CAIRO – The Vatican will restart its stalled dialogue with Sunni Islam's main theological centre, Al-Azhar University, said Father Rafic Greiche, spokesman for Egypt's Catholic Church.
Talks between the Vatican and Al-Azhar were suspended by the Muslim university in 2011 following a series of remarks made by now-retired Pope Benedict XVI.
Greiche spoke to Catholic News Service in Cairo Dec. 4, a day after Vatican and university officials met.
"There was a meeting in a positive atmosphere, and both (sides) agreed to continue," Greiche said.
A decades-old dialogue between Al-Azhar and the Vatican started to fray in 2006, after Pope Benedict gave a speech in Regensburg, Germany, which Al-Azhar officials and millions of Muslims said linked Islam to violence.
Al-Azhar halted the talks altogether in 2011 after the former pope said Christians in the Middle East were facing persecution.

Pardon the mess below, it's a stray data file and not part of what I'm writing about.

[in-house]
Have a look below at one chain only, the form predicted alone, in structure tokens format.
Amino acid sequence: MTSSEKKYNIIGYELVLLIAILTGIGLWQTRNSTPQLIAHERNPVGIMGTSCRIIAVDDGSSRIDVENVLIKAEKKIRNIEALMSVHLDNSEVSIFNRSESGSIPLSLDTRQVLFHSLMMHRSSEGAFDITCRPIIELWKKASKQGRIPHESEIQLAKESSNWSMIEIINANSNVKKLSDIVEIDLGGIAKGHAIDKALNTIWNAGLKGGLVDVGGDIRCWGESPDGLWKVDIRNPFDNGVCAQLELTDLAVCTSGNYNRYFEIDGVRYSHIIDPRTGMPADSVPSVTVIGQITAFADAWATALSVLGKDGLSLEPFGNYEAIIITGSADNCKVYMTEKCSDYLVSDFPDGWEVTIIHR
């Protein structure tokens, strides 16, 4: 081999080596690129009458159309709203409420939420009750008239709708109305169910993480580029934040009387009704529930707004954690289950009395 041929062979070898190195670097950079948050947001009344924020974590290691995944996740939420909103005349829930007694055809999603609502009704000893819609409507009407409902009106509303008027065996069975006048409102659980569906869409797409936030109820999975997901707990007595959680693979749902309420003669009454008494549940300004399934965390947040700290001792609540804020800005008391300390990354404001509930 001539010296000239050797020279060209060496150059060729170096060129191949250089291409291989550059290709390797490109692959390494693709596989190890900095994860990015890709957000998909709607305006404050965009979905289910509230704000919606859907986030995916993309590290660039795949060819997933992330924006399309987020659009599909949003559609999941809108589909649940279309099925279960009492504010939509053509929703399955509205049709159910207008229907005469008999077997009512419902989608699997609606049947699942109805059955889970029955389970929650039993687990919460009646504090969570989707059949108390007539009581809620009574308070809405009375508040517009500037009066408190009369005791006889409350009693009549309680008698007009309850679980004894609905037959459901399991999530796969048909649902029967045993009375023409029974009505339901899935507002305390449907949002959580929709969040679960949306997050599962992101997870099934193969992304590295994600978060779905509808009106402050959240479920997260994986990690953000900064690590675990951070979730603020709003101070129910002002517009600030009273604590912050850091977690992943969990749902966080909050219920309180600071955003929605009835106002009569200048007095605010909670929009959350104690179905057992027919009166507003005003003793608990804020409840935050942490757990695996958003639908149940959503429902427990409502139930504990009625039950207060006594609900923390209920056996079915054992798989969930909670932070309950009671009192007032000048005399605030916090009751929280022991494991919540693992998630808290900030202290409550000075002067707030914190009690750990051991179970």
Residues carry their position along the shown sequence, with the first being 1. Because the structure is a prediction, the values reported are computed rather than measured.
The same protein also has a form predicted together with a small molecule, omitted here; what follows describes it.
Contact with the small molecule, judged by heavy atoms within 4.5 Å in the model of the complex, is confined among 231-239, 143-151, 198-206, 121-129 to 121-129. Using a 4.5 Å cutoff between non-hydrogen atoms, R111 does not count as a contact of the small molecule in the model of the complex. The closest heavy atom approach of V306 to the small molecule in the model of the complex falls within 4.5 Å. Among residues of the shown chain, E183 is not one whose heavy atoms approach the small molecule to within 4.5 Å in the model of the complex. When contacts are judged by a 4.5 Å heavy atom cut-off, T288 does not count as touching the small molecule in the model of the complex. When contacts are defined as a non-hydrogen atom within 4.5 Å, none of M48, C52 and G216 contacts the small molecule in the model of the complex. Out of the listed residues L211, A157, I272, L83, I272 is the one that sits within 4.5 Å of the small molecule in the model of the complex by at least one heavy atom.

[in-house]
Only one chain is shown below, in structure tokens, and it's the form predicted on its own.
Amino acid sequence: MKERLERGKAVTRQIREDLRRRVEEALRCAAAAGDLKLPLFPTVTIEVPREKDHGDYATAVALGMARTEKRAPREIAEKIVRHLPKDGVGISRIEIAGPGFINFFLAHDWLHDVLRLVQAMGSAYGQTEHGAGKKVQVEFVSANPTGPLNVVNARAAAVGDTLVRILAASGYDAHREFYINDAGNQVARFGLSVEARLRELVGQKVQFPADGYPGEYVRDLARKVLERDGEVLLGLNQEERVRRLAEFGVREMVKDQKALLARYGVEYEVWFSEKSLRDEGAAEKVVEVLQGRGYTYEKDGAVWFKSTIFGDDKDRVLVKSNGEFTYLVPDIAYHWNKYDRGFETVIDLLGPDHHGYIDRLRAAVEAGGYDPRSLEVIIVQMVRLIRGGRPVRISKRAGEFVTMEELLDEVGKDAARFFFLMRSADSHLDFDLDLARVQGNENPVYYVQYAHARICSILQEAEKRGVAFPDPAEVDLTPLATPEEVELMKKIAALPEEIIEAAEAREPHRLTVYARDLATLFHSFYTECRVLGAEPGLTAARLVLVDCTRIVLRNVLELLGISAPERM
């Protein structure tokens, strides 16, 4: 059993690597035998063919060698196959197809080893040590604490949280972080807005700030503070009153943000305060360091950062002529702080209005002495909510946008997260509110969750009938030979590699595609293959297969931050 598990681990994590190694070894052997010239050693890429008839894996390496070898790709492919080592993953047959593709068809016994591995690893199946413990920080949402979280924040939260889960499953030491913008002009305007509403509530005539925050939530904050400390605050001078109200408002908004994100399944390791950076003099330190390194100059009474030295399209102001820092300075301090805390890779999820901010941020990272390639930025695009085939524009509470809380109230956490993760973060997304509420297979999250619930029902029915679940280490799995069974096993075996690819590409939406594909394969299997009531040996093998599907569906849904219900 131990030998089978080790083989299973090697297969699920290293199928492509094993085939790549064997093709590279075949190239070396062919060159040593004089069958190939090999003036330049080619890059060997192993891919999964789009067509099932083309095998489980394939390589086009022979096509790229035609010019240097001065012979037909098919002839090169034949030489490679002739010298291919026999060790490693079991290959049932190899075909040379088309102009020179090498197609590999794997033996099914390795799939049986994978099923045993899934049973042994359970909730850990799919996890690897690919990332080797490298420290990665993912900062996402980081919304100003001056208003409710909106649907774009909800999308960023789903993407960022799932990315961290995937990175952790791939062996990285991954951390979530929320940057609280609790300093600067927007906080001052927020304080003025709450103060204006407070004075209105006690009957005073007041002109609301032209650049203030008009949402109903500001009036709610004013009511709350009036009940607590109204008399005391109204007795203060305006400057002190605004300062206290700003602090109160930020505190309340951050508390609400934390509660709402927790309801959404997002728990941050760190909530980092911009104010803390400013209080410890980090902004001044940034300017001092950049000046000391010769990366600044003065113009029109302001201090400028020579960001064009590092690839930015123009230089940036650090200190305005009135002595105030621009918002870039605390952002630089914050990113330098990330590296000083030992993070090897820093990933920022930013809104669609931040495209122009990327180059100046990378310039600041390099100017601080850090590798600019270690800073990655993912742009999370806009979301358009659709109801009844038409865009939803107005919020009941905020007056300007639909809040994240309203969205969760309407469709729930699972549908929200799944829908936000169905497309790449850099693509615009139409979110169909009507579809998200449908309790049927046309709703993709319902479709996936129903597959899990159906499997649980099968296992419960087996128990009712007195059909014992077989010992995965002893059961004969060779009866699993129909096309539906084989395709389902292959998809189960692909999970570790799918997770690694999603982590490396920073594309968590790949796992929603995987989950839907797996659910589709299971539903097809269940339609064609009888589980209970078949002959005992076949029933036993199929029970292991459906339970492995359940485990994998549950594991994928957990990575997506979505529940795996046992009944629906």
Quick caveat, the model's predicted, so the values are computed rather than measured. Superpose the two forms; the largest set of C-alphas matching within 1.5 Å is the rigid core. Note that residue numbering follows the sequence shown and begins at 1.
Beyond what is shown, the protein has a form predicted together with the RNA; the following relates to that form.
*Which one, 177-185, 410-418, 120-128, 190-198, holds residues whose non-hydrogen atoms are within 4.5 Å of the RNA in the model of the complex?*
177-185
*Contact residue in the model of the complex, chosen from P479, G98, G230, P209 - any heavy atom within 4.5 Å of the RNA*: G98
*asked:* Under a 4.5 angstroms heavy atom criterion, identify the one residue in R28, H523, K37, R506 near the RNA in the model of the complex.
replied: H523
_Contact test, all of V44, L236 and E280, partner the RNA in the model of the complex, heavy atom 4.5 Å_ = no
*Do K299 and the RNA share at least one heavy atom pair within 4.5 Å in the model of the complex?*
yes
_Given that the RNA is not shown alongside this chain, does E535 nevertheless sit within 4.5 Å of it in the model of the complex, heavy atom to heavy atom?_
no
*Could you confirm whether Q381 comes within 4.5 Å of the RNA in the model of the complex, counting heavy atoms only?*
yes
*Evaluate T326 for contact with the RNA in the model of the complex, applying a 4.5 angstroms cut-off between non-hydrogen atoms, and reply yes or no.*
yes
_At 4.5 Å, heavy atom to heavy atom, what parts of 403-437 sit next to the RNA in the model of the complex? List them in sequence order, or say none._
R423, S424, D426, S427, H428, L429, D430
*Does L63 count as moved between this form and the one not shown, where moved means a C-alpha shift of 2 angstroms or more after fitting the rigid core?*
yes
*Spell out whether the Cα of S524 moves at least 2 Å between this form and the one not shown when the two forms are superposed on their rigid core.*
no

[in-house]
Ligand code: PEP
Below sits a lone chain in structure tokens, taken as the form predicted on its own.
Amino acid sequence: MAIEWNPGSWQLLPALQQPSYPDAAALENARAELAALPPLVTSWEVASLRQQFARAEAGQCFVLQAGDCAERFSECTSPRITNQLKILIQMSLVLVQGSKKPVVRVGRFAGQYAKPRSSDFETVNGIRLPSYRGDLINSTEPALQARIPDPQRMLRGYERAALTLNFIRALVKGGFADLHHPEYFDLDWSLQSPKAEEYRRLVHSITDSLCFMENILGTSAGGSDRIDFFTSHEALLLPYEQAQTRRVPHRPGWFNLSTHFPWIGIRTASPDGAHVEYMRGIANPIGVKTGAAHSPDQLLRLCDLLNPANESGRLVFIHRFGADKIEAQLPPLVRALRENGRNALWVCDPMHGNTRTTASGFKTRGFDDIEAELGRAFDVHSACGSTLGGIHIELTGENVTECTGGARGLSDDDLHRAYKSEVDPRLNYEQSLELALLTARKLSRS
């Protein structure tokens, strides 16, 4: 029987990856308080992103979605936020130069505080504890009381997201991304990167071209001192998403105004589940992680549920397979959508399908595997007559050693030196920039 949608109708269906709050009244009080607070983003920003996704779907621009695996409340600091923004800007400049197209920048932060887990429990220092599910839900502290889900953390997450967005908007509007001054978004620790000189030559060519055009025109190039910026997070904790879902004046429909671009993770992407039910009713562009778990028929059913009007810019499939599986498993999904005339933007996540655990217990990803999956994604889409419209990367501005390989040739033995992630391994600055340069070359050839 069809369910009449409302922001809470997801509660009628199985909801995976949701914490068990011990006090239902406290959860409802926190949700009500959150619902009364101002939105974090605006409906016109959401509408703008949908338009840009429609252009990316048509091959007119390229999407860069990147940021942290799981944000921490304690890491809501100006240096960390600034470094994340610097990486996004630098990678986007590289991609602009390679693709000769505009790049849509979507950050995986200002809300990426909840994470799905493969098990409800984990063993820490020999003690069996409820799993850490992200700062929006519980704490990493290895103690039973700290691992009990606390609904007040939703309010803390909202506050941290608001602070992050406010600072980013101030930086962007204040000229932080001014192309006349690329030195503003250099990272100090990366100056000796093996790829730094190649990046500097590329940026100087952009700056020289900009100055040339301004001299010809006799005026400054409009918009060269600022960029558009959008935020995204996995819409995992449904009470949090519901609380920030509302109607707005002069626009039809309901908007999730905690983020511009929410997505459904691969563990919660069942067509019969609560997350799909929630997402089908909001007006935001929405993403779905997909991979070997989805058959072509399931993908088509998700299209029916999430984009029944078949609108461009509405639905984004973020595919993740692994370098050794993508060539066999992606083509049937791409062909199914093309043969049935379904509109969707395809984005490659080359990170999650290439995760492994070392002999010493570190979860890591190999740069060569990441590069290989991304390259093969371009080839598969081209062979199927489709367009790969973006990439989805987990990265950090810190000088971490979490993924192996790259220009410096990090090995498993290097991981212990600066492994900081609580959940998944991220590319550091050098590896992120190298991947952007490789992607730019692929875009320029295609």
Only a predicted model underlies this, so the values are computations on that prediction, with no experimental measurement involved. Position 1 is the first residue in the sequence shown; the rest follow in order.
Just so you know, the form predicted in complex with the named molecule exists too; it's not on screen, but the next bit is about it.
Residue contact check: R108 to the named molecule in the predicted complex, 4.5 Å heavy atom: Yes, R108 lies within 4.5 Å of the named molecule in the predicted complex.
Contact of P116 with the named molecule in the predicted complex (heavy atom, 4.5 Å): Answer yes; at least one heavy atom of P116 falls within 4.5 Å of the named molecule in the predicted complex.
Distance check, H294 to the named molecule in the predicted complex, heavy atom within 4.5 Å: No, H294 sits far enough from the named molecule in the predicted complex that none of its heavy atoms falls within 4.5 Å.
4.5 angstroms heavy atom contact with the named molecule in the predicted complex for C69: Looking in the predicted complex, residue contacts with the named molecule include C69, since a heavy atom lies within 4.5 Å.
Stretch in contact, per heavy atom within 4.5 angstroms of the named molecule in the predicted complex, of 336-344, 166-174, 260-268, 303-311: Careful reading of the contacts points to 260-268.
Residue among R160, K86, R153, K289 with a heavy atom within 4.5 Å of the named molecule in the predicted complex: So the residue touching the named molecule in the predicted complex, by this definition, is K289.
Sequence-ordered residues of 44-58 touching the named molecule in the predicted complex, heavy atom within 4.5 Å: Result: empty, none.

Greiche told Catholic News Service that no dates or details for any future talks were set in the Dec. 3 meeting.
In statements sent to CNS a day after the meeting, Azab said that "the coming period will witness amendments to the agreements" governing the dialogue between Al-Azhar and the Vatican.
In a November interview with CNS last month, Azab reiterated Al-Azhar claims that Pope Benedict had offended Islam and Muslims with the 2006 speech, and later again in 2011 when the former pontiff focused only on the suffering of Christians due to violence in the Middle East region, which Azab said many Muslims were suffering from as well.
In his Dec. 4 statements, Azab said, "The grand imam has a lot of optimism that, with Pope Francis, there is wide terrain for equal dialogue and mutual respect."